The Warwick Valley High School Meistersingers performed a song that was unfamiliar to most of their concert audience on Dec. 8: On the Other Side -Let Freedom Ring in North Korea . It was a plea for liberation and reunification of Korea, and I wrote it. My own South Korean roots and close connection with Korean communities in America made me want to become a voice for the people of DPRK for two decades, and across many miles.
We immigrated to America in 1977 when I was nine years old. I remember everything about South Korea, from the green, hilly countryside to busy city streets of Itaewon, Seoul, where we lived. We didn’t have much, but I was happy,
Settling in our new homeland wasn’t easy. My father worked overnight shifts at 7-Eleven while my mother cleaned hotel rooms. I’ll never forget how happy my father was bringing home a free turkey one Thanksgiving after working long hours.
The Los Angeles Riots in 1992 changed my whole perspective on life. I realized I needed to do more and stay proactive as a Korean-American. The Korean restaurant my Korean gangster boyfriend and I ate at burnt down that night. Many Korean business owners saw their American dreams go up in flames. My boyfriend grabbed his gun and headed to Koreatown to protect the Korean-owned stores. They stood on rooftops and shot at anyone who came near. I realized that Koreans stick together no matter what. It’s that special bond “Jung” that connects one Korean to another.
My boyfriend, the first Korean I had ever dated, urged me to learn Korean language and culture, which I did, even presenting news in Korean for a Korean radio station. I also made a documentary about drug addiction in our Asian community, including testimony of my own struggles with addiction.
After the L.A. riots, I showed my film to the legendary South Korean film director Shin Sang Ok in Hollywood, who was abducted in the ‘70s by the North Korean dictator Kim Jong Il. He offered me a job as well as support for my film.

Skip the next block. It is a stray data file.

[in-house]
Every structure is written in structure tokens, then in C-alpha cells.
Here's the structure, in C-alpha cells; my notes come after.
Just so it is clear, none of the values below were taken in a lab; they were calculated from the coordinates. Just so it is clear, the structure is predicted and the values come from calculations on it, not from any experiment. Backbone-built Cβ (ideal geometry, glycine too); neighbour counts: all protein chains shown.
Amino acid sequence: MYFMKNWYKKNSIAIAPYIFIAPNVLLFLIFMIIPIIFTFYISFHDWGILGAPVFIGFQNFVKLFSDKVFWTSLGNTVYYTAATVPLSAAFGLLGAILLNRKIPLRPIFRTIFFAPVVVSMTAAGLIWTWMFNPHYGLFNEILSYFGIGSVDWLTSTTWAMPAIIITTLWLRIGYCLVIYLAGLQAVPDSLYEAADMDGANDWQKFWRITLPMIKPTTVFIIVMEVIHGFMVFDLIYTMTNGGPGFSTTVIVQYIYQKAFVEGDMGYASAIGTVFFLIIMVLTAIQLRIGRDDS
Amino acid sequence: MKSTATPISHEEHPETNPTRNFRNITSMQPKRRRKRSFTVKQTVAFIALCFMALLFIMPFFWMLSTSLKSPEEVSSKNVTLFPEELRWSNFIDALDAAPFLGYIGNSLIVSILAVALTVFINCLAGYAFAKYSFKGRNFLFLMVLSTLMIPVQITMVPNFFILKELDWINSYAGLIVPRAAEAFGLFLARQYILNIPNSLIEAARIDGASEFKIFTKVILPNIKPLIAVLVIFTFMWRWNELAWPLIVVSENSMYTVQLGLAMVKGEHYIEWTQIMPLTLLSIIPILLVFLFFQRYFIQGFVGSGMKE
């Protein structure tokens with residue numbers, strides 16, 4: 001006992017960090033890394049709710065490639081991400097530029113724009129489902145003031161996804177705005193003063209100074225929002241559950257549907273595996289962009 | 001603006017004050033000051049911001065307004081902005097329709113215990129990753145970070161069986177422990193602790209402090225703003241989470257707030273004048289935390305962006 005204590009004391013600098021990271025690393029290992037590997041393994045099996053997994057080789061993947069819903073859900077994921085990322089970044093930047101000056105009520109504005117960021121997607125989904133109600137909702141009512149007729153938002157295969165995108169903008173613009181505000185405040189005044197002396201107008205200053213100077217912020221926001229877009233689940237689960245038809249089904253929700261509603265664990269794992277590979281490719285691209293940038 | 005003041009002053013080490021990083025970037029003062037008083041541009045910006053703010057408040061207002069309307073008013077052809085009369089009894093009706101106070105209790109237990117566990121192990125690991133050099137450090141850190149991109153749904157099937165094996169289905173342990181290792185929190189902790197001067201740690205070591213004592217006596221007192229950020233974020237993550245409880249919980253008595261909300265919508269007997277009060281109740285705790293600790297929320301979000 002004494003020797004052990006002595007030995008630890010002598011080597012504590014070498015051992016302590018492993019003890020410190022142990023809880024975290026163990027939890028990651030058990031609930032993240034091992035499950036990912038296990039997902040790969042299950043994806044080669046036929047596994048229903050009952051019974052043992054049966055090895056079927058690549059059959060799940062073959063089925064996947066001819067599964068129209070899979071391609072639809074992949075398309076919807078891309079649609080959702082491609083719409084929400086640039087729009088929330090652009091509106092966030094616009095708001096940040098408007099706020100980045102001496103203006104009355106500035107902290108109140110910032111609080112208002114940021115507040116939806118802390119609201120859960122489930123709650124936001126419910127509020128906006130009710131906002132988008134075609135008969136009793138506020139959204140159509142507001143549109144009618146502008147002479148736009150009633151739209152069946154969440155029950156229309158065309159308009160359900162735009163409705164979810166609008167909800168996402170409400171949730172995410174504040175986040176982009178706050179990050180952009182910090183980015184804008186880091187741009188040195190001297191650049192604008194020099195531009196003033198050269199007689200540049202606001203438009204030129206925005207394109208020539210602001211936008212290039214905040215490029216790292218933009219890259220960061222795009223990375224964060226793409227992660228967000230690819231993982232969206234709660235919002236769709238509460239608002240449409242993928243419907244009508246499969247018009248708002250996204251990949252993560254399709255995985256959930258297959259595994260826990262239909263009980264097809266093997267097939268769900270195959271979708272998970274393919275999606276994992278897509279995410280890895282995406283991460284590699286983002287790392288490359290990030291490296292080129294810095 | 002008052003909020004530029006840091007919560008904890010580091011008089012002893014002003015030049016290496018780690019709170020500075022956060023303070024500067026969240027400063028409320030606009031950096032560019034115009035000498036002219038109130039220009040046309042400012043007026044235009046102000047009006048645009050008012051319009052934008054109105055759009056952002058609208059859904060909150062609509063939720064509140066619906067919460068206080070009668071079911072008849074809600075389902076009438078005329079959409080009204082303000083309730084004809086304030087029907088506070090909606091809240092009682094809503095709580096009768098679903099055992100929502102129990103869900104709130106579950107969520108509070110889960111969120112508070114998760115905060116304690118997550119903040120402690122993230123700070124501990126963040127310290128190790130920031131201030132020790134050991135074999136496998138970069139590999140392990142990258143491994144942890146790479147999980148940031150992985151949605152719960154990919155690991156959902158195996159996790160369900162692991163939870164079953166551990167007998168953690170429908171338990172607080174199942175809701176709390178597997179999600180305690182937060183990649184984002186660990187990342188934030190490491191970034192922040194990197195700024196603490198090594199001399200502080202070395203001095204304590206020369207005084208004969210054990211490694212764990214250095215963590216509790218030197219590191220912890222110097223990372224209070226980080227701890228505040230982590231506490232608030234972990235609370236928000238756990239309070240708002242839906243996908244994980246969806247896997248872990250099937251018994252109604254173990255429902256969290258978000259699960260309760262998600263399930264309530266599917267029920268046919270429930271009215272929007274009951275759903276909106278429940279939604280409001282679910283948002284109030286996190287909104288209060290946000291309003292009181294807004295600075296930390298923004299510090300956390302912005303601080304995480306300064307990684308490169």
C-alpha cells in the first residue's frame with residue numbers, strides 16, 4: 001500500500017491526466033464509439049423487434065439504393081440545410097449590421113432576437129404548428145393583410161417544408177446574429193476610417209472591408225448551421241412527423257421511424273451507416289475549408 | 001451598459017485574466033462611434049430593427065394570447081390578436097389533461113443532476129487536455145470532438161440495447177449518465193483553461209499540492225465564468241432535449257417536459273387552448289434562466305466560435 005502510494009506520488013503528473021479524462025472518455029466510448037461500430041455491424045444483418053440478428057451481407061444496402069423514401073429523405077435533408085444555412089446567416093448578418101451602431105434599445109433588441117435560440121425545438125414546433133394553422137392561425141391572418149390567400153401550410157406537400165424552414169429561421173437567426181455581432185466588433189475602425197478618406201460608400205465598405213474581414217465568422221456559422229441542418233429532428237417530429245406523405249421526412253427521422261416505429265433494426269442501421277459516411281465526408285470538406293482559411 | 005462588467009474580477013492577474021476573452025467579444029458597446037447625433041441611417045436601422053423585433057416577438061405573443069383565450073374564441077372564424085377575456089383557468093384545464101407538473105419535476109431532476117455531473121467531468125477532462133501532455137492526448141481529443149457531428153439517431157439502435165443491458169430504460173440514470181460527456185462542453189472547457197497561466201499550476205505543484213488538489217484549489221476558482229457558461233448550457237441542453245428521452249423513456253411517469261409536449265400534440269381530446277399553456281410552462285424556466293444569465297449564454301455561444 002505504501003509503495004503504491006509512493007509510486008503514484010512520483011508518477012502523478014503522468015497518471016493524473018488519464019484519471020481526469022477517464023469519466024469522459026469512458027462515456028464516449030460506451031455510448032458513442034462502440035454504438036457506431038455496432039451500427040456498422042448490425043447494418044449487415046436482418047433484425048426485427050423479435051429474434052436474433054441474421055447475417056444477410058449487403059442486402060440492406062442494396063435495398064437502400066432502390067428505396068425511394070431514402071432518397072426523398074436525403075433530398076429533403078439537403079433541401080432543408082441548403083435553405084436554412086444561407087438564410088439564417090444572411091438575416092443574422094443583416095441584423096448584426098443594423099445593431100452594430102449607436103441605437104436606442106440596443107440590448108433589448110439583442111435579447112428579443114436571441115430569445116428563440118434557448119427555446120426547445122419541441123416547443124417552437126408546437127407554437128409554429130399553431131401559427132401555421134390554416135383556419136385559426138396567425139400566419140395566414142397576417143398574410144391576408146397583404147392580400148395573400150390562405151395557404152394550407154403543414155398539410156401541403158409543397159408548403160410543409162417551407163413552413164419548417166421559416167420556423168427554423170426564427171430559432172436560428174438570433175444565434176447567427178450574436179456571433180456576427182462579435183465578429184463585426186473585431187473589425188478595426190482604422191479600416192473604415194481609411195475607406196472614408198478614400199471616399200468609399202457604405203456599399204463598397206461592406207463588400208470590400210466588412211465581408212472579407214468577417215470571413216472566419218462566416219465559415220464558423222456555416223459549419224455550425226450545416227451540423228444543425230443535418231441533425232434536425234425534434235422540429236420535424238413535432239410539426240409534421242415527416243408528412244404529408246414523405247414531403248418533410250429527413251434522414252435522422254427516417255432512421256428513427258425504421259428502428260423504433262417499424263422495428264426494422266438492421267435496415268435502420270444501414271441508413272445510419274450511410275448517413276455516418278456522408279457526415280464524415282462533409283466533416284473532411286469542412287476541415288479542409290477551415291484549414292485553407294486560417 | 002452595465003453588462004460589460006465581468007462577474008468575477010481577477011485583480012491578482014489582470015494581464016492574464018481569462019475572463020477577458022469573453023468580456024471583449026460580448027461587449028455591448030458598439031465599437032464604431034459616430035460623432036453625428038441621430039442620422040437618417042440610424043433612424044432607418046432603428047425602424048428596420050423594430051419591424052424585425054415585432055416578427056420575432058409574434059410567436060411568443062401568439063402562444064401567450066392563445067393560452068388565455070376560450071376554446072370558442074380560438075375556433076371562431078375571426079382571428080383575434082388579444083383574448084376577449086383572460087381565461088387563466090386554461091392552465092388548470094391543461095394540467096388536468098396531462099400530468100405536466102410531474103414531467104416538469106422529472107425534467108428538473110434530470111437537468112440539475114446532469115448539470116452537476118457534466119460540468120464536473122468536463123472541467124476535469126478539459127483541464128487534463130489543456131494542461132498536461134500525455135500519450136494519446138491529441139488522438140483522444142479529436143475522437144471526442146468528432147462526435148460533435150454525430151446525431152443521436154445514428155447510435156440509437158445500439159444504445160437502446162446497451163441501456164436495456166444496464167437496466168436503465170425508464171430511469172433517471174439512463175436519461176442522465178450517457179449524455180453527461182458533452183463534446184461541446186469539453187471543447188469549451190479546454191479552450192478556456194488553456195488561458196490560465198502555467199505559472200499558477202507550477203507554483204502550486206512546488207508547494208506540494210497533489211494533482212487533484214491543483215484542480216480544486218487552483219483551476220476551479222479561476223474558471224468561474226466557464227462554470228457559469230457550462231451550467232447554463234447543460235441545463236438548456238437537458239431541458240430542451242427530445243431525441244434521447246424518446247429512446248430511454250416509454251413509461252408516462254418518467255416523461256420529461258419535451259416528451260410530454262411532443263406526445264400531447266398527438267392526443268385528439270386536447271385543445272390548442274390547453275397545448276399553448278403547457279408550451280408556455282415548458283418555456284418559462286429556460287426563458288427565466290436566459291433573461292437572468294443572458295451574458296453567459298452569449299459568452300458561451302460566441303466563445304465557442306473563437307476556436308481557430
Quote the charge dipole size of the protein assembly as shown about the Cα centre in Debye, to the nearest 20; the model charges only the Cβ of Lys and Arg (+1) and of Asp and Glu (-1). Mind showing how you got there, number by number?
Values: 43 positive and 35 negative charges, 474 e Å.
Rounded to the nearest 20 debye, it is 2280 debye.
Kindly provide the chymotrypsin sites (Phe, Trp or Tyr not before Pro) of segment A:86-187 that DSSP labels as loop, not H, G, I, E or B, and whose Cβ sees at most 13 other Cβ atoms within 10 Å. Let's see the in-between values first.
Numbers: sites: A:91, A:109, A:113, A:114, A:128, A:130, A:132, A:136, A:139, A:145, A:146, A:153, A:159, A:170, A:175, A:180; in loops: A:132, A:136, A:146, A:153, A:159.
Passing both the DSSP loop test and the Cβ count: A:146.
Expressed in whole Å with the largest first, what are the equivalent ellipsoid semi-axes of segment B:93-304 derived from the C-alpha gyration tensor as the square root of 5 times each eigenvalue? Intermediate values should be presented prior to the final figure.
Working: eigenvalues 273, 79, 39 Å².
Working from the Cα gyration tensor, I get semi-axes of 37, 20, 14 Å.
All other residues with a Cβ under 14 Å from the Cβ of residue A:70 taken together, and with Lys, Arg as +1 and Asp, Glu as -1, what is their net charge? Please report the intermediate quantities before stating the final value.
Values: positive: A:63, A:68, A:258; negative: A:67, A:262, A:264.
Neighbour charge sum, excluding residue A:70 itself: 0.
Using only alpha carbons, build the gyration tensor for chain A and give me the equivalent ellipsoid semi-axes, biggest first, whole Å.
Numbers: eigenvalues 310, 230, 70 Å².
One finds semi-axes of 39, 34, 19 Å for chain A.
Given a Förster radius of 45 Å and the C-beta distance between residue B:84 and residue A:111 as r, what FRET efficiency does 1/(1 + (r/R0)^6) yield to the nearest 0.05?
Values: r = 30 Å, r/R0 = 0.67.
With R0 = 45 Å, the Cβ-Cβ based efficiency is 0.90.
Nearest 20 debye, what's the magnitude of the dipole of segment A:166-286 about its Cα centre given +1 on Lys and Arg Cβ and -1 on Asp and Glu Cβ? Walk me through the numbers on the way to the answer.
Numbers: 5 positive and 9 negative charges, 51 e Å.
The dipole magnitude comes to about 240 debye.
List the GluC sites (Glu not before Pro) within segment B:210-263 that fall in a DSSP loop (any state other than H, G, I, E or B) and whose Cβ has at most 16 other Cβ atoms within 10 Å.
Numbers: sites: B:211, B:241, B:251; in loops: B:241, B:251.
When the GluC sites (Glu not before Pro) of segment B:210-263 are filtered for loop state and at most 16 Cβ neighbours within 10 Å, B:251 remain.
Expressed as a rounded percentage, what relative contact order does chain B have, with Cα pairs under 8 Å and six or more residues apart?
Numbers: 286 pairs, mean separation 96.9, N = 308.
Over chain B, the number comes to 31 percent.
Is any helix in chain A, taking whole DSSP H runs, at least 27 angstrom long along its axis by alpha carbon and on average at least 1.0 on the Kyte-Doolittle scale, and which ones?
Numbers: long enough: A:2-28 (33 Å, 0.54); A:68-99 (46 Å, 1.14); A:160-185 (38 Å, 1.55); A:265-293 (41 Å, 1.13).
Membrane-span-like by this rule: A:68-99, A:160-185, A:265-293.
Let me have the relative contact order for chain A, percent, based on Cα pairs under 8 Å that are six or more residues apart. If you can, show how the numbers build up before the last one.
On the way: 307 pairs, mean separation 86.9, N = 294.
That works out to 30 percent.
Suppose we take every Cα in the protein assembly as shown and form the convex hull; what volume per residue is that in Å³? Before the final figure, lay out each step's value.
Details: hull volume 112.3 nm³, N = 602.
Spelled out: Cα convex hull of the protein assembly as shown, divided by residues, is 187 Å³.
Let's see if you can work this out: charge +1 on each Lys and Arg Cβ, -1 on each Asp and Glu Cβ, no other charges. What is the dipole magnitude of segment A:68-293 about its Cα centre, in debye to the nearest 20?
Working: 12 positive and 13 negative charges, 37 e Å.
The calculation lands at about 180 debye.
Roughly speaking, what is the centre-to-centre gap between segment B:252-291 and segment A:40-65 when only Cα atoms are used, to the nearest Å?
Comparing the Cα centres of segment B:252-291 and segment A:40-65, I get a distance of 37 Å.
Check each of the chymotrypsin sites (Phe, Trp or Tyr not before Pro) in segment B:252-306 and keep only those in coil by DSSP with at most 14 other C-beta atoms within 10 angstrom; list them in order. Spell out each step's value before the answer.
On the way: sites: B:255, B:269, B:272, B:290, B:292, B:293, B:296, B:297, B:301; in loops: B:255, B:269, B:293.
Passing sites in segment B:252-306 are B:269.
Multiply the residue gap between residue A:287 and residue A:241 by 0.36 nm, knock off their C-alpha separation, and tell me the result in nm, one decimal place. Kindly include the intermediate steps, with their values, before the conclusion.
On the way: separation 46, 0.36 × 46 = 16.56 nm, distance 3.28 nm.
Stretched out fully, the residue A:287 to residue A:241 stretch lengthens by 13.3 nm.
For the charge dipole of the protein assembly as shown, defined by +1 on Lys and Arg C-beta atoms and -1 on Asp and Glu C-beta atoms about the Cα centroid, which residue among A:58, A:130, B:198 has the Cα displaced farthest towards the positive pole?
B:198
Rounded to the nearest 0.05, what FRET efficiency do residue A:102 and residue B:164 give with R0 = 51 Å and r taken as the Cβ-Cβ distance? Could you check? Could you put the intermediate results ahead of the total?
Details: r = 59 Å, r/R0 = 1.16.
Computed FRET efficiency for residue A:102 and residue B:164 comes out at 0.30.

While growing up in South Korea, I was told that North Koreans cannot be trusted, having been indoctrinated with communist ideals from birth. They lie and deceive, which is exactly what happened with Director Shin and his wife. While in LA, I met a man claiming to be a director from South Korea who came to me for help to find him a Korean actress. But he was actually a spy from North Korea aiming to make propaganda films about negative America. The actress I introduced to him was followed by the National Intelligence Service of South Korea for months.
In 1997, a letter from my father changed the course of my life again. It was a newspaper clipping about a full scholarship to study at New York Film Academy. I sent in my film about Asian community drug addiction, and I was chosen.
For my final project At NYFA, I made a film about Korean twin brothers reuniting after being separated in 1953. One twin lived in the Bronx and had a bodega. He spent his life savings on a boat to save his twin from the North Korean famine. Their story came out at the height of the famine crisis that killed an estimated 3.5 million. When I visited the brother in the Bronx, I hid behind the tuna fish cans on the shelf and watched him. When I tried to interview him, he told me to leave, but I completed my film.
In 2011, young Kim Jong Un became the new dictator of DPRK, and I wrote a monologue in 2016, pleading with Kim Jong Un to free his people. For the heart-breaking story of Otto Warmbier, the college student who was arrested by the North Koreans, went into a coma and died, I dedicated a dance.
In 2018, in California, in my mom’s attic, I wrote the lyrics to the song performed by the Meistersingers. With the help of Ron De Fesi, new director of Warwick Valley Chorale, who did the musical arrangements, we were able to bring the song to life. Noreen Hanson, the Choral Director for WVHS, made the song’s performance possible.
In my song, the Meistersingers sang out a message that the Korean people hope will someday resound around the world.